Posted by cj at 11:34 AM | Comments (0) | TrackBack

December 28, 2004

Supermarkets Make Farmers Poorer

"Supermarket Giants Crush Central American Farmers," by Celia W. Dugger, NYT

Sigh. Could you imagine leaving your farm, your country, and your family to work the graveyard shift at a golf course for 6 bucks an hour to try to keep your creditors from taking your farm?

Posted by cj at 3:15 PM | Comments (0) | TrackBack

December 27, 2004

The Skies Are a Lot Less Friendly These Days

Union members who work for airlines are being forced to take serious pay and benefit cuts, sometimes more than once. New flight attendants can make as little as $12,000 a year, less than what they could make at Wal-Mart. Oh, and bankruptcy judges force unions to accept pay cuts whilst leaving CEO pay in tact.

No wonder US Airways suffered an unorganized sick out this Xmas. It's based in Pittsburgh - a town that knows about dying industries (see steel) and whose residents are tough and don't lose their livelihoods lying down.

Beware, United is trying to force cuts on its employees. And apparently every big airline (American, Delta, Continental, Northwest, US Airways, and United) is in line for cuts and could bear the brunt of a sick out.

More depressing deets at "Airlines' Woes May Be Worse in the Coming Year," by Micheline Maynard in NYT with additional reporting from Eric L. Dash and Jeremy W. Peters

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The Roof, The Roof, The Roof Is On Fire

The difference between categorizing a post as Justice or US News is strictly arbitrary and strictly decided by me (obviously). This story is clearly one about justice. Shrub wants to balance the budget on the backs of the old and poor, especially those who are sick. He wants to slash funding for Medicaid and Medicare. I say it's time for Universal Healthcare. Socialized Medicine. Let's stop wasting billions making drug companies and HMO administrators rich. Let's spend it getting people well and securing jobs for doctors to the poor. I believe healthcare is a right, not a privilege.

"Bush Team Prepares to Swing Budget Ax", by Joel Havemann with contributions from Janet Hook, Ricardo Alonso-Zaldivar and Maura Reynolds in the LAT

"Governors Unit in Fight Against Medicaid Cuts," by Pam Belluck in the NYT

Governor Huckabee of Arkansas, where nearly a quarter of the population is on Medicaid, said the governors' objective in the coming months would be to ask the federal government to "first do no harm."

He said the soaring federal budget deficit had made federal officials realize "their house is on fire, and they're probably so consumed with the flames around them that they're unaware as they look to us for water that our tanks are empty.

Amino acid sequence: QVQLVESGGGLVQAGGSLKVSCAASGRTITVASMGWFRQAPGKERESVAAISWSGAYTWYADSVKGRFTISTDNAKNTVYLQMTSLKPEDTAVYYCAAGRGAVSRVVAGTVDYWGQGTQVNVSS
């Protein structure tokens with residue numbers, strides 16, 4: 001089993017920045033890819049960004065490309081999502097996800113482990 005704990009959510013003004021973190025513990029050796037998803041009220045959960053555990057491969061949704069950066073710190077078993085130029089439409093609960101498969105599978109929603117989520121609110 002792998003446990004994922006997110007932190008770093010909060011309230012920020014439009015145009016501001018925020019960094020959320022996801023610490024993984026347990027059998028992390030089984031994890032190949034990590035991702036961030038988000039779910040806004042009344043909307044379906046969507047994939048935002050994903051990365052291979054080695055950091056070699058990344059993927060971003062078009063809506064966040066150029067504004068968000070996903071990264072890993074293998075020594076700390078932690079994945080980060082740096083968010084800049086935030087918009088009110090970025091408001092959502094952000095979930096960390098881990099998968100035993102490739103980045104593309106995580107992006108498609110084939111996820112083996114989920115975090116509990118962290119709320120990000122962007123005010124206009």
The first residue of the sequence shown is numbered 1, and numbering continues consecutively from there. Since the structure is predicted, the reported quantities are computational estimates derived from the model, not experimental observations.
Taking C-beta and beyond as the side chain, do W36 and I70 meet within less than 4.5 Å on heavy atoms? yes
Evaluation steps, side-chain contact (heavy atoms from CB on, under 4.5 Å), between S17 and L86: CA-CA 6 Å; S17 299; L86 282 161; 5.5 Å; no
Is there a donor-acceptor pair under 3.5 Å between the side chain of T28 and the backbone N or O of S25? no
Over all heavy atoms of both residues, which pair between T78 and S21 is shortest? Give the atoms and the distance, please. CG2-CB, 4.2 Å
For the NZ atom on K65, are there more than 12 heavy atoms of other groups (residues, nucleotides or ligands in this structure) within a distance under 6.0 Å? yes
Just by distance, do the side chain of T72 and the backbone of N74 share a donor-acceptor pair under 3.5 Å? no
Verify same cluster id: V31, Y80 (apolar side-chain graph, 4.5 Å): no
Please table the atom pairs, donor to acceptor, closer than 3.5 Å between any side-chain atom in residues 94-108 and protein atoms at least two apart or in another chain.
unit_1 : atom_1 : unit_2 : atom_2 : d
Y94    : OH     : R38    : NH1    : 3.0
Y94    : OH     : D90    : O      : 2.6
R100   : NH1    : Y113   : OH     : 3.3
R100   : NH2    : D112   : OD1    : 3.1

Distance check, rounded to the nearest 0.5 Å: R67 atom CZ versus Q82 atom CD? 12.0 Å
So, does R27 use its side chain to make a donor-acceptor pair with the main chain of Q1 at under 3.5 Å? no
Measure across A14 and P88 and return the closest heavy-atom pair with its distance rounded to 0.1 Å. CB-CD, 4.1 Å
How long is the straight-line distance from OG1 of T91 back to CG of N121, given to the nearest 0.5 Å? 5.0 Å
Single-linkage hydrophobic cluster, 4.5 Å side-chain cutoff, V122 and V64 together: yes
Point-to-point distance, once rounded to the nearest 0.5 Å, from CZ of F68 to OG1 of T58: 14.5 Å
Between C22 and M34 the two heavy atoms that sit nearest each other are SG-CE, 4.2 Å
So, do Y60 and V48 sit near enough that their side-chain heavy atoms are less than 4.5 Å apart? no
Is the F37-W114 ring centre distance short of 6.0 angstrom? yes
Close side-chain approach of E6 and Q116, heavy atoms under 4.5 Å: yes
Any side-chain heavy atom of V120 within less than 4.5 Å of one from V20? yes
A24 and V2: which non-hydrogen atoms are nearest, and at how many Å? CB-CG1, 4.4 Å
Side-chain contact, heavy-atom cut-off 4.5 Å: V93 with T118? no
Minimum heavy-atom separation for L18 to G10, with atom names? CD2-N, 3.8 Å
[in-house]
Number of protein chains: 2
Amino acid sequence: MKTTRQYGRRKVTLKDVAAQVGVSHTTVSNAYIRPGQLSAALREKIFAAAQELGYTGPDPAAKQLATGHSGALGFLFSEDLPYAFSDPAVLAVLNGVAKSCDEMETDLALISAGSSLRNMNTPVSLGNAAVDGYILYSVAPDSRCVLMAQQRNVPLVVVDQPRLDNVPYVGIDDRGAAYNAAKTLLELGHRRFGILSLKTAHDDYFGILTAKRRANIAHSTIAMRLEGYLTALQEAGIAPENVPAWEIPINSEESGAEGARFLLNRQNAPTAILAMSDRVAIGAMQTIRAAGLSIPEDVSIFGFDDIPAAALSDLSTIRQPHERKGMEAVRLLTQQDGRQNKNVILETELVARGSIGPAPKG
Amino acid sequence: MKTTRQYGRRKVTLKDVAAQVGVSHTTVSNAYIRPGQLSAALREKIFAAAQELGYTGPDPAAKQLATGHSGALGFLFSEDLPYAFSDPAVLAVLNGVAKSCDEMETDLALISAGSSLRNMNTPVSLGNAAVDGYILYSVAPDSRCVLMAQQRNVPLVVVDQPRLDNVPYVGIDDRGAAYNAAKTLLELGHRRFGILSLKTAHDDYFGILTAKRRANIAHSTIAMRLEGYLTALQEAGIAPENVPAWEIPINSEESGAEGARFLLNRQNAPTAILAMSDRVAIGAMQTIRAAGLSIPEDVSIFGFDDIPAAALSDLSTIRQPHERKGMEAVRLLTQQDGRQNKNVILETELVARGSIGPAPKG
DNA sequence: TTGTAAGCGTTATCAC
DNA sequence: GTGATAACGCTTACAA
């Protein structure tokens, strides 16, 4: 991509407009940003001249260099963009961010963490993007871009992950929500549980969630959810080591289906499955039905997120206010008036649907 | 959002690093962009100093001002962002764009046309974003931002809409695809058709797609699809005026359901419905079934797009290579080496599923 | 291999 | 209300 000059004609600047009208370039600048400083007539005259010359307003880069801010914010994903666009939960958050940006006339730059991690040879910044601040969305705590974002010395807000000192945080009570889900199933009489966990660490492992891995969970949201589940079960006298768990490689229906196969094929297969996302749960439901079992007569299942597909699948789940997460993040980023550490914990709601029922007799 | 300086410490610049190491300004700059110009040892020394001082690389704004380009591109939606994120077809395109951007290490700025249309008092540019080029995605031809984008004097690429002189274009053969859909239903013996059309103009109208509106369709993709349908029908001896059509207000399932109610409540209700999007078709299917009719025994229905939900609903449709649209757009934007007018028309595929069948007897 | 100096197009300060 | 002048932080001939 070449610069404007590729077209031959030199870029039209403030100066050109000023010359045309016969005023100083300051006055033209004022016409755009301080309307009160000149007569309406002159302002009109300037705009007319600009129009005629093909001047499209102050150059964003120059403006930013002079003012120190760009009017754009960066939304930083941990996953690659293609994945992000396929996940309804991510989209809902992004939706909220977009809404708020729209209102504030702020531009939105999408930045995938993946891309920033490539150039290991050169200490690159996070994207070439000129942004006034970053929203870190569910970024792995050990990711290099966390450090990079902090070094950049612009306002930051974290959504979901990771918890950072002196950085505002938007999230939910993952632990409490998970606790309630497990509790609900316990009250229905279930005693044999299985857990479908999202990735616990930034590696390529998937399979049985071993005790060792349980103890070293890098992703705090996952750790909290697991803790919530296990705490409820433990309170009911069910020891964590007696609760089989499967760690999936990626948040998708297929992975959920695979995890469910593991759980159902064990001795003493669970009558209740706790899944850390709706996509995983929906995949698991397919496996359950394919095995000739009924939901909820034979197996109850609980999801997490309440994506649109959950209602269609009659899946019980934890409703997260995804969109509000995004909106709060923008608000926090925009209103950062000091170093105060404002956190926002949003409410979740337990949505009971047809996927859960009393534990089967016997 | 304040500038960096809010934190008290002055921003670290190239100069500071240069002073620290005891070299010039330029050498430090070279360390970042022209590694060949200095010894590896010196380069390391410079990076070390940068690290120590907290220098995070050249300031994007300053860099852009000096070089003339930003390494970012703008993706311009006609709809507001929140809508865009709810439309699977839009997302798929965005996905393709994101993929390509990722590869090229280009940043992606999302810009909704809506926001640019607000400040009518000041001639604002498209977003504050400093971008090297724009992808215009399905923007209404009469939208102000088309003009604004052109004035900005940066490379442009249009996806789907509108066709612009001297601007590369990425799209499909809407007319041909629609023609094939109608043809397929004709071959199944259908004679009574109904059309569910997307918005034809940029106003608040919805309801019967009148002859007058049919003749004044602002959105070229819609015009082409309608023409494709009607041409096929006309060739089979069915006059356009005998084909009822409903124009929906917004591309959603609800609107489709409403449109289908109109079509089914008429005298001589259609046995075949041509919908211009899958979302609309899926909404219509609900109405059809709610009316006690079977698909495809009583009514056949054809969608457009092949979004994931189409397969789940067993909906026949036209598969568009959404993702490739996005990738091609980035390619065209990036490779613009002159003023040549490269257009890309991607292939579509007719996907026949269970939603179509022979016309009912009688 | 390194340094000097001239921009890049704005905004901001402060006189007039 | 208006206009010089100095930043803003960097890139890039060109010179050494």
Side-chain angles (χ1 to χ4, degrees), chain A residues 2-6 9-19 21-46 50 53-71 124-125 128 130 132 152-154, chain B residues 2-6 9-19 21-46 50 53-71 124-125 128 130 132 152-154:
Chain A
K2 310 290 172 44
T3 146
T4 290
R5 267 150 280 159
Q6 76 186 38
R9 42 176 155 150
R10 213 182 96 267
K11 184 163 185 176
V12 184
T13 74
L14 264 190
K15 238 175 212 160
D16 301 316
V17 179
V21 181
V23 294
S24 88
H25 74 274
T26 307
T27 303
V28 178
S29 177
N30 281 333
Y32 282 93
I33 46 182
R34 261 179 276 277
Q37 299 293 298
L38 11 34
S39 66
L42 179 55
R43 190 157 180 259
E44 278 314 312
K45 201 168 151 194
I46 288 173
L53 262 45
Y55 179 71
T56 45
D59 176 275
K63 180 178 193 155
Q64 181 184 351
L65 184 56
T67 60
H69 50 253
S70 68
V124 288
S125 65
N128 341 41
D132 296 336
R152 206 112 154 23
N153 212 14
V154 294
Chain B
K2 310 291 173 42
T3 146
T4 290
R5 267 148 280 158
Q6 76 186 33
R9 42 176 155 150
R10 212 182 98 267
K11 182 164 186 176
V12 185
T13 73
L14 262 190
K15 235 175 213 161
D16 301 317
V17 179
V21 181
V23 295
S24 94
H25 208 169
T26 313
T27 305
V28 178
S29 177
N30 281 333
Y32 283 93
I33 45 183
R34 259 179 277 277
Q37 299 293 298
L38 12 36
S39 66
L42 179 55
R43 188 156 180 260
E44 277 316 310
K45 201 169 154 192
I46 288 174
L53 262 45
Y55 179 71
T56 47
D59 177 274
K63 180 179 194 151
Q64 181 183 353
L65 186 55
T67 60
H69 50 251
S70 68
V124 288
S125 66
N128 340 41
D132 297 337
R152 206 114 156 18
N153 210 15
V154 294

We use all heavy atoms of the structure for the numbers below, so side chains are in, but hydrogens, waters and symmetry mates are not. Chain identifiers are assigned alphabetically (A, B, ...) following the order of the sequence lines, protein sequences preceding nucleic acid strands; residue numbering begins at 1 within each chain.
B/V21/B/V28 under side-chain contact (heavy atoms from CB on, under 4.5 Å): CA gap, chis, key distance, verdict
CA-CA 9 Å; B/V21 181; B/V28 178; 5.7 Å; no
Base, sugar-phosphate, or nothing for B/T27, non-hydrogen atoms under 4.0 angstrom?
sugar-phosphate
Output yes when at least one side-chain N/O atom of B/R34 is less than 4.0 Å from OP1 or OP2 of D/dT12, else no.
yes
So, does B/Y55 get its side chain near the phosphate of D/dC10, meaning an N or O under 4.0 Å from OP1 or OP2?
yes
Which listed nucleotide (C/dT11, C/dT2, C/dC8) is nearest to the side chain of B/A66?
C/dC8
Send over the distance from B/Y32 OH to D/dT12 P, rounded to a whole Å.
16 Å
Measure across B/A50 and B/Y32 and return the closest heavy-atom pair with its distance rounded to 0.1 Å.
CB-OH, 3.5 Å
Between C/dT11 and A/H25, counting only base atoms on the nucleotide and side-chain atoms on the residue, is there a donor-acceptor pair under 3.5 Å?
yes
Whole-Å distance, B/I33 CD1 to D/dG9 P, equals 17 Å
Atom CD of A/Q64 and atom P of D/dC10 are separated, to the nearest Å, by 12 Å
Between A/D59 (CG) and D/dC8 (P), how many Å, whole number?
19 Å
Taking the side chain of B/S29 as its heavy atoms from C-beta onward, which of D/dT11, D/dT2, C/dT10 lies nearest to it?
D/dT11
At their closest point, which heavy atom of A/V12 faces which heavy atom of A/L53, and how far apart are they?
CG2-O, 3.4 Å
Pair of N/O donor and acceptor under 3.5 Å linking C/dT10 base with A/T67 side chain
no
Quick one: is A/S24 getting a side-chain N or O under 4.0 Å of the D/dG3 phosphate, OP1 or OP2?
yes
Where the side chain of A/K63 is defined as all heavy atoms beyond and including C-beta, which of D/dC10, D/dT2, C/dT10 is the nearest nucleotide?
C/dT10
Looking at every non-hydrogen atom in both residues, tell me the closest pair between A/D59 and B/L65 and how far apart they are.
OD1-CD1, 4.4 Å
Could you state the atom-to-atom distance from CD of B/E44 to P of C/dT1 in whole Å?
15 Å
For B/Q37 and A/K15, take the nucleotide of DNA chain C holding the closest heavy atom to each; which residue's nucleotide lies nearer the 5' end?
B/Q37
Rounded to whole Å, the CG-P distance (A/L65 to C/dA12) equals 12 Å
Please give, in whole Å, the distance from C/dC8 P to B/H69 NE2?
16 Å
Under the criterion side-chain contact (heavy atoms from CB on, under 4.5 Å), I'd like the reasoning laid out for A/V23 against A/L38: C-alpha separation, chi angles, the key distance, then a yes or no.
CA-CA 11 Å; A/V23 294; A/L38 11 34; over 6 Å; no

"Folks, our house is on fire too," Mr. Huckabee added, "and asking us to put out your fire is probably not the solution."

From the NYT article

Posted by cj at 12:59 PM | Comments (0) | TrackBack

December 23, 2004

More College Students Will Be Broke Like Me When They Graduate

More fabulous news from the Shrub administration. "Students Bear More of the Cost of College," by Greg Winter in the NYT:

College students in virtually every state will be required to shoulder more of the cost of their education under new federal rules that govern most of the nation's financial aid.

Because of the changes, which take effect next fall and are expected to save the government $300 million in the 2005-6 academic year, at least 1.3 million students will receive smaller Pell Grants, the nation's primary scholarship for those of low income, according to two analyses of the new rules. ...

The enormous University of California, with campuses scattered across the state, estimates that at least half of its 46,000 Pell Grant recipients will face some sort of reduction as a result of the changes. At the other end of the spectrum, Knox College, a small liberal arts institution in Illinois, says the changes will most likely reach upward to affect the middle class as well.

"Of course we focus on the students who have the greatest need, but these families are needy, too," said Teresa Jackson, Knox's director of financial aid. "They can't just sit down and write a check for $30,000 a year. I can appreciate the difficulty with the budget, but my gosh, to cut back on financial aid given the times doesn't make a lot of sense."

You see even when your rents make loads of money on paper, you could still struggle to make ends meet with your tuition bill. Personally, it was a struggle every year to get Swellesley to guarantee my folks' education loans (because of a past bankruptcy) and to add insult to injury, a "helpful" woman in the Financial Aid office called me in during my senior year to point out that my personal contribution to my tuition bill was much higher than most students and asked if I was sure my folks were paying as much as they possibly could. Sigh. The end result is that I'm stuck with a bill that's too much for my meager paycheck to afford on top of my car loan, car insurance, credit card bills from a year of unemployment, rent, and utilities.

I remember when English students took to the streets last year when Prime Minister Tony Blair forced them to contribute towards the cost of their college education. Their yearly bill is now about thirty bucks. Would that I was an English woman.

Posted by cj at 11:25 AM | Comments (0)

Public Land No Longer for Public Use

Shockingly, Shrub cares more about the timber industry than he does about rapidly dying species and public use of public land. Yesterday he issued new rules for the use of national forests that basically makes it easier for the timber industry to rape and pillage our property. From the WaPo article by Juliet Eilperin:

The new rules give economic activity equal priority with preserving the ecological health of the forests in making management decisions and in potentially liberalizing caps on how much timber can be taken from a forest. ...